Post by Russ T Fender » Sun Jul 28, 2019 3:21 pm

It can take a lot of work to get a car tour ready. You just have to run it and address issues as they come up. Eventually you will get it all sorted out and have a good, reliable, road worthy car you can drive and enjoy. Don't give up. For your current issue I would pull the rear with the radius rods and torque tube as a unit and tear them down for a complete check. Replace what is needed and set it up to spec. That will either cure the problem or eliminate it as the cause but, in any either case, it will leave you with a reliable set up that will probably never have to be touched again. One thing I learned right off the bat is that you cannot rely on what previous owners say they have done. People have very different interpretations of what constitutes a rebuild. One of my cars was supposed to have had a freshly rebuilt rear when I bought it. It turned out that the rebuild consisted of new outer sleeves and roller bearings. Everything else was original including babbitt thrust washers, a three piece ring gear and badly worn pinion.


Wayne Sheldon
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Re: Who wants to play “Identify this sound” ?

Post by Wayne Sheldon » Sun Jul 28, 2019 5:26 pm

Seriously. A couple of the best things (these days) for a newcomer without the equipment or contacts all ready and waiting is to have a good cell phone and AAA (whatever they call the premium or plus with added towing distances etc) and drive it gently on back road areas where cell service works and you can pull over to wait for the tow. It takes a lot of the anxiety away. Do not push hard or for distance with bad noises as that could become an expensive mistake.
It can take awhile to work the bugs out. And a lot of people are more cosmetically oriented, while some are mechanically oriented. Cars that look fantastic but are unreliable for more than a slow few miles are unfortunately quite common. Do not despair, take your time, and develop some friendships with local hobbyists that seem to like getting into the mechanics. The Ford model T is an amazingly forgiving vehicle.

I second suggestions to go through the rear end again. Especially if you do not KNOW what type of thrust washers it has in it. Making CERTAIN that the washers are of the right type (most notably NOT the original Babbitt/pot metal) is and has for a long time been one of the most important safety aspects of the model T hobby.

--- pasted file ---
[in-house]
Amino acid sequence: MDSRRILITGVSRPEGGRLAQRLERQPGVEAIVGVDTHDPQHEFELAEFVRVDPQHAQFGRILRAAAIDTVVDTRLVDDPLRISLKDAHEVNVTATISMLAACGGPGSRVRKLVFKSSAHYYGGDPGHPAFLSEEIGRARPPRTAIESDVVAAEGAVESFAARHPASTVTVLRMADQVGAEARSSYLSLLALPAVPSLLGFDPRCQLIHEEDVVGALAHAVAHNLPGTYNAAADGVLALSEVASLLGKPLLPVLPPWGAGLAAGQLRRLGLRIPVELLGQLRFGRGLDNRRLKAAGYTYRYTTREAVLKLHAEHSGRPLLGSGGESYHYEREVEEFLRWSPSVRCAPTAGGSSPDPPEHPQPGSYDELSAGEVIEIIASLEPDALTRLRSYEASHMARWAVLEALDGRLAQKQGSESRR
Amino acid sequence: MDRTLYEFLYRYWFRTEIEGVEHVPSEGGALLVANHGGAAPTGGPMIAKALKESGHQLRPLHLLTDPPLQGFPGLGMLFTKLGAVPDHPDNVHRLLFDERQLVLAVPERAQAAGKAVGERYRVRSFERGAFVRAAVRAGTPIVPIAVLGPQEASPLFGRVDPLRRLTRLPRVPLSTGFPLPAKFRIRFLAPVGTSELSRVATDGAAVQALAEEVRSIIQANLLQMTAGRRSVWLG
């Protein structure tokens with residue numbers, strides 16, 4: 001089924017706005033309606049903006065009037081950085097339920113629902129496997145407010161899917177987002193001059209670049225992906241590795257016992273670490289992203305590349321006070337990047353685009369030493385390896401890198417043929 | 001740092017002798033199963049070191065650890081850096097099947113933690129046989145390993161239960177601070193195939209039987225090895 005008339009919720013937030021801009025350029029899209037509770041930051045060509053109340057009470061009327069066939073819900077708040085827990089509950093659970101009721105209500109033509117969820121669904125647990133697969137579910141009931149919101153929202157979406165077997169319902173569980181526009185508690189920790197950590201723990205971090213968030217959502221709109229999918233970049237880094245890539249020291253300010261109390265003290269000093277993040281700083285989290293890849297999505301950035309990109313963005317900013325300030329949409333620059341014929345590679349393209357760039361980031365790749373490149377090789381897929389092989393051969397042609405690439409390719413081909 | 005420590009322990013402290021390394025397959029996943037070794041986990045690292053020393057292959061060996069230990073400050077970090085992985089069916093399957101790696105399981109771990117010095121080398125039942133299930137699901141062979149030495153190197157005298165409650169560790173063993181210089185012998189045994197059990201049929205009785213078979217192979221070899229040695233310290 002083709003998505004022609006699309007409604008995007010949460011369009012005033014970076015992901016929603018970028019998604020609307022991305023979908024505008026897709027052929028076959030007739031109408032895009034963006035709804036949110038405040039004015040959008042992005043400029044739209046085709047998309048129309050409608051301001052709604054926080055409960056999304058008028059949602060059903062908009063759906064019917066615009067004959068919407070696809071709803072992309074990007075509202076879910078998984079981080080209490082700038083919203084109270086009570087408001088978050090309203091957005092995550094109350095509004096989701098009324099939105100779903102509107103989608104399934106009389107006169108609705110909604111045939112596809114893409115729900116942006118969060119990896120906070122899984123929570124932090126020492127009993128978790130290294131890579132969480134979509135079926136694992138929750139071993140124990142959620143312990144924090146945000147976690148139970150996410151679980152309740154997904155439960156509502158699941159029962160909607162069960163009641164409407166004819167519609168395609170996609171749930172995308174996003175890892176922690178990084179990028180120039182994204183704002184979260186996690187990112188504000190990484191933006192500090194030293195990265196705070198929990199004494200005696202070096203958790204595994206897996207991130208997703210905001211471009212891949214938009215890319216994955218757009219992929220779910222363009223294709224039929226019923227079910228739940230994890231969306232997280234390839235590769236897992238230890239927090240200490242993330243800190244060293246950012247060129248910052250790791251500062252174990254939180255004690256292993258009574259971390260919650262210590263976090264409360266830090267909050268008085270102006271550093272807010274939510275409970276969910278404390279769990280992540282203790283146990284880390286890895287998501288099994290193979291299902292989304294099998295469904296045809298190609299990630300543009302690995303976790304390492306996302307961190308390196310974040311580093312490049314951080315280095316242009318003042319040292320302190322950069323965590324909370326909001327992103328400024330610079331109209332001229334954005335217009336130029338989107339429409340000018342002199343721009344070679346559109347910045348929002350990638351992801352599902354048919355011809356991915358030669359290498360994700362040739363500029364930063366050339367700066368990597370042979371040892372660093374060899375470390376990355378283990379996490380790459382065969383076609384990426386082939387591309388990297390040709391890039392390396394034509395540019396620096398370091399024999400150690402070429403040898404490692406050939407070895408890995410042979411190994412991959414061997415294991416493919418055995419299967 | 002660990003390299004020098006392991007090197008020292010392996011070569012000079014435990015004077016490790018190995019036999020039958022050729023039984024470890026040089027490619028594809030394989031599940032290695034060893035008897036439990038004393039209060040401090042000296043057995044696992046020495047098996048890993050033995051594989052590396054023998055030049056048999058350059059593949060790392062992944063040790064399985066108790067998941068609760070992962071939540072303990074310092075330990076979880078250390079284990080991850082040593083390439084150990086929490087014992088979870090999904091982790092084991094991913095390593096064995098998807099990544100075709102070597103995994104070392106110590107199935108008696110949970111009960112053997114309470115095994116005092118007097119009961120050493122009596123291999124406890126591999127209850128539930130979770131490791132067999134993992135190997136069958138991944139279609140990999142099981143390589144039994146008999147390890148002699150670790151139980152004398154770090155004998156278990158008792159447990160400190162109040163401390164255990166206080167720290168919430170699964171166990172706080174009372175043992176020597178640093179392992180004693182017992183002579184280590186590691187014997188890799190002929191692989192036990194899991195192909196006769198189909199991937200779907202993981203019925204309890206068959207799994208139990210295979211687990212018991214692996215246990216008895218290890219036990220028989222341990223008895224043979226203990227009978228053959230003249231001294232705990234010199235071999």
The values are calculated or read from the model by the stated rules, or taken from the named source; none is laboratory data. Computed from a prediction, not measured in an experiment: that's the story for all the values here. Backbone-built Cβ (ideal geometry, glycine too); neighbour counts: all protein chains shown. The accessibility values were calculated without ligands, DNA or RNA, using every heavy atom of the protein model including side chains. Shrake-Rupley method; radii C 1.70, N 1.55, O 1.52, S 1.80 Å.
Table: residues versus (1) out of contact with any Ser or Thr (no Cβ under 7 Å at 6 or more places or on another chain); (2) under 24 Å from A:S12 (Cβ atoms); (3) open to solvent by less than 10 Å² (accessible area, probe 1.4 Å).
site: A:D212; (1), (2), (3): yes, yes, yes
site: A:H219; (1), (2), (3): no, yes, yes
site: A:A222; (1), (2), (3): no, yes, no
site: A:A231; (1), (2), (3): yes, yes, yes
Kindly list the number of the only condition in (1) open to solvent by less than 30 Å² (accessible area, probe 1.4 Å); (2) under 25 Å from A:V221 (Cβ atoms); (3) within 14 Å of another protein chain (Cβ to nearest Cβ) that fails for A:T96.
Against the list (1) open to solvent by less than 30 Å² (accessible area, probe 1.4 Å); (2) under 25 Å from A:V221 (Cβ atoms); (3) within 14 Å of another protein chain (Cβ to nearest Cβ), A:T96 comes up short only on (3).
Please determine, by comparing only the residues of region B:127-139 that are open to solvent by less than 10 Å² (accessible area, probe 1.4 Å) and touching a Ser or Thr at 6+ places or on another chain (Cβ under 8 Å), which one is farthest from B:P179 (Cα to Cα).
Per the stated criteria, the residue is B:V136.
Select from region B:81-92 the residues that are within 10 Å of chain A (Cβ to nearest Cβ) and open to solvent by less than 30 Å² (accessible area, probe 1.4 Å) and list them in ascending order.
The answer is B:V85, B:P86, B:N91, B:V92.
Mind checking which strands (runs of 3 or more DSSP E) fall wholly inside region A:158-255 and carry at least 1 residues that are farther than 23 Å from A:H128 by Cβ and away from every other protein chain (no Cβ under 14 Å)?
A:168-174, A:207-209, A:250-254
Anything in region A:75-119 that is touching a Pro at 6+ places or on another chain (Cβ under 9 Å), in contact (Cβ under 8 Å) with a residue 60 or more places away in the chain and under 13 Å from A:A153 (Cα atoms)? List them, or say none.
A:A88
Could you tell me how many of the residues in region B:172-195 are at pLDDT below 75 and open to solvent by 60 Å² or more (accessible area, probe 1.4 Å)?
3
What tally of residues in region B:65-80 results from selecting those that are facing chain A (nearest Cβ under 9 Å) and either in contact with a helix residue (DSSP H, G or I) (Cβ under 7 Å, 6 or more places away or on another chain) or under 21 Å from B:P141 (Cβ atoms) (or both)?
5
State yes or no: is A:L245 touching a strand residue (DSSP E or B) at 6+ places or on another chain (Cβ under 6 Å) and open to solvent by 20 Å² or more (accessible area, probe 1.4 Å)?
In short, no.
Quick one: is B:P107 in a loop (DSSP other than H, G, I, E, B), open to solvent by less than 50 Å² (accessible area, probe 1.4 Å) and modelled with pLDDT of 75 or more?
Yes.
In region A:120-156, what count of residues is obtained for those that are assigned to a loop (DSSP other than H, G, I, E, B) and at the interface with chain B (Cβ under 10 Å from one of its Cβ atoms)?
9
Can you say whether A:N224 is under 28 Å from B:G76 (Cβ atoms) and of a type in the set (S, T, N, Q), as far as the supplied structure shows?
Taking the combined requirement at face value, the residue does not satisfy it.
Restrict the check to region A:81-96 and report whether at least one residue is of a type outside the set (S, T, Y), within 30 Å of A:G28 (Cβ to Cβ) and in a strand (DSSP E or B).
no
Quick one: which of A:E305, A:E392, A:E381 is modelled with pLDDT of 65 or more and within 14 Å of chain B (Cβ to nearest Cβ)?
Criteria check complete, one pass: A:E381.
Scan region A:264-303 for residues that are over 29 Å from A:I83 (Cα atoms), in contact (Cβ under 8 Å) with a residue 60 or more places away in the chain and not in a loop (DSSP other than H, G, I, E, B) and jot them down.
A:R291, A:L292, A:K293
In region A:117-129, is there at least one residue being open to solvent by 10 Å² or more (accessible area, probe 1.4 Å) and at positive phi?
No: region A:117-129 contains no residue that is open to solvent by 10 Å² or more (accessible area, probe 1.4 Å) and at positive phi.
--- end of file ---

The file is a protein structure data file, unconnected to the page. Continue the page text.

Once settled in, the Ford T model can take its caretaker many places no other car can. They have an almost magic ability to connect their caretakers to history, both personal and the world's, and open doors to understanding that is not easily found anywhere else.

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Duey_C
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Re: Who wants to play “Identify this sound” ?

Post by Duey_C » Mon Jul 29, 2019 11:49 pm

Wayne's last short paragraph is magical in and of itself. Heck, even I needed that right now Wayne. :)
Paul, pull those boots back up for just a little longer. You're almost out of the woods.
These little Fords can be worn beyond dust and run seamlessly IF they desire. The '24 gave me the finger real bad last fall but I'll go back after him soon. When he's ready? He's a smooth/super tough little bugger and would probably take me to the ends of the Earth at his pace and he's completely shot. The '18 has been sneering at me too lately with several small problems.
They and Lucky the '24 TT are just mad at me for working on old tractors again instead of just them. Model T's don't like to share you once they have you, so they share their troubles to get attention.
Paul, got a cell phone and registered at youtube? Take a movie and post us one there if you wish. I found it's WAY too easy. :oops:
Since I lost my mind mind, I feel more liberated

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Steve Jelf
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Re: Who wants to play “Identify this sound” ?

Post by Steve Jelf » Tue Jul 30, 2019 12:22 am

I feel your pain, or at least I felt it. I bought a 1923 touring that looked very nice but turned out to be mechanically a mess. From the NH carb with holes rusted through the bowl, to the completely worn out front end, to the rear axle that locked up when the Babbitt thrust washers disintegrated, it was just one mechanical misadventure after another. But between those adventures came periods of being able to enjoy driving the car. Eight years ago I got a second T. That has been a big plus. Both cars have needed occasional work that had them grounded for awhile, but rarely at the same time. The first car is now down with transmission trouble that will take major surgery, but I'm about to finish putting a fresh engine in the second one so I'll have a T to drive. Not everybody has the space for a second T, but for those that do I recommend it.
The inevitable often happens.
1915 Runabout
1923 Touring


Topic author
Paranyos
Posts: 37
Joined: Mon Jan 07, 2019 6:59 pm
First Name: Paul
Last Name: Aranyos
Location: Greenville, PA
MTFCA Number: 50118

Re: Who wants to play “Identify this sound” ?

Post by Paranyos » Tue Jul 30, 2019 11:09 am

Thanks guys for the advise and words of encouragement! I appreciate all of the help I have received from this forum over the past year. I have met a number of really nice T people who have given me advise and lent me tools, carbs, coils, etc. I met a fellow named Bob P. A couple of weeks ago who gave me his number and said to call him with any questions. I contacted him last week while working on my driveshaft and pinion assembly for some help. He said that if things didn’t work out, he had an extra rear end he would be happy to lend me while I rebuild mine. I hated to impose, but called him last night and am picking it up tomorrow. I hope to be up and running by the weekend and can work on my differential at my leisure without pressure to get it back on the road quick. I have found the model T community to be a great bunch of people and we look forward to many years of touring and making more friends. Bob is pretty much a total stranger who is willing to lend out an expensive model t component to a newcomer in need. What a great guy!! Thanks to all for the help! We cant wait to get on the road again!
A man has got to know his limitations!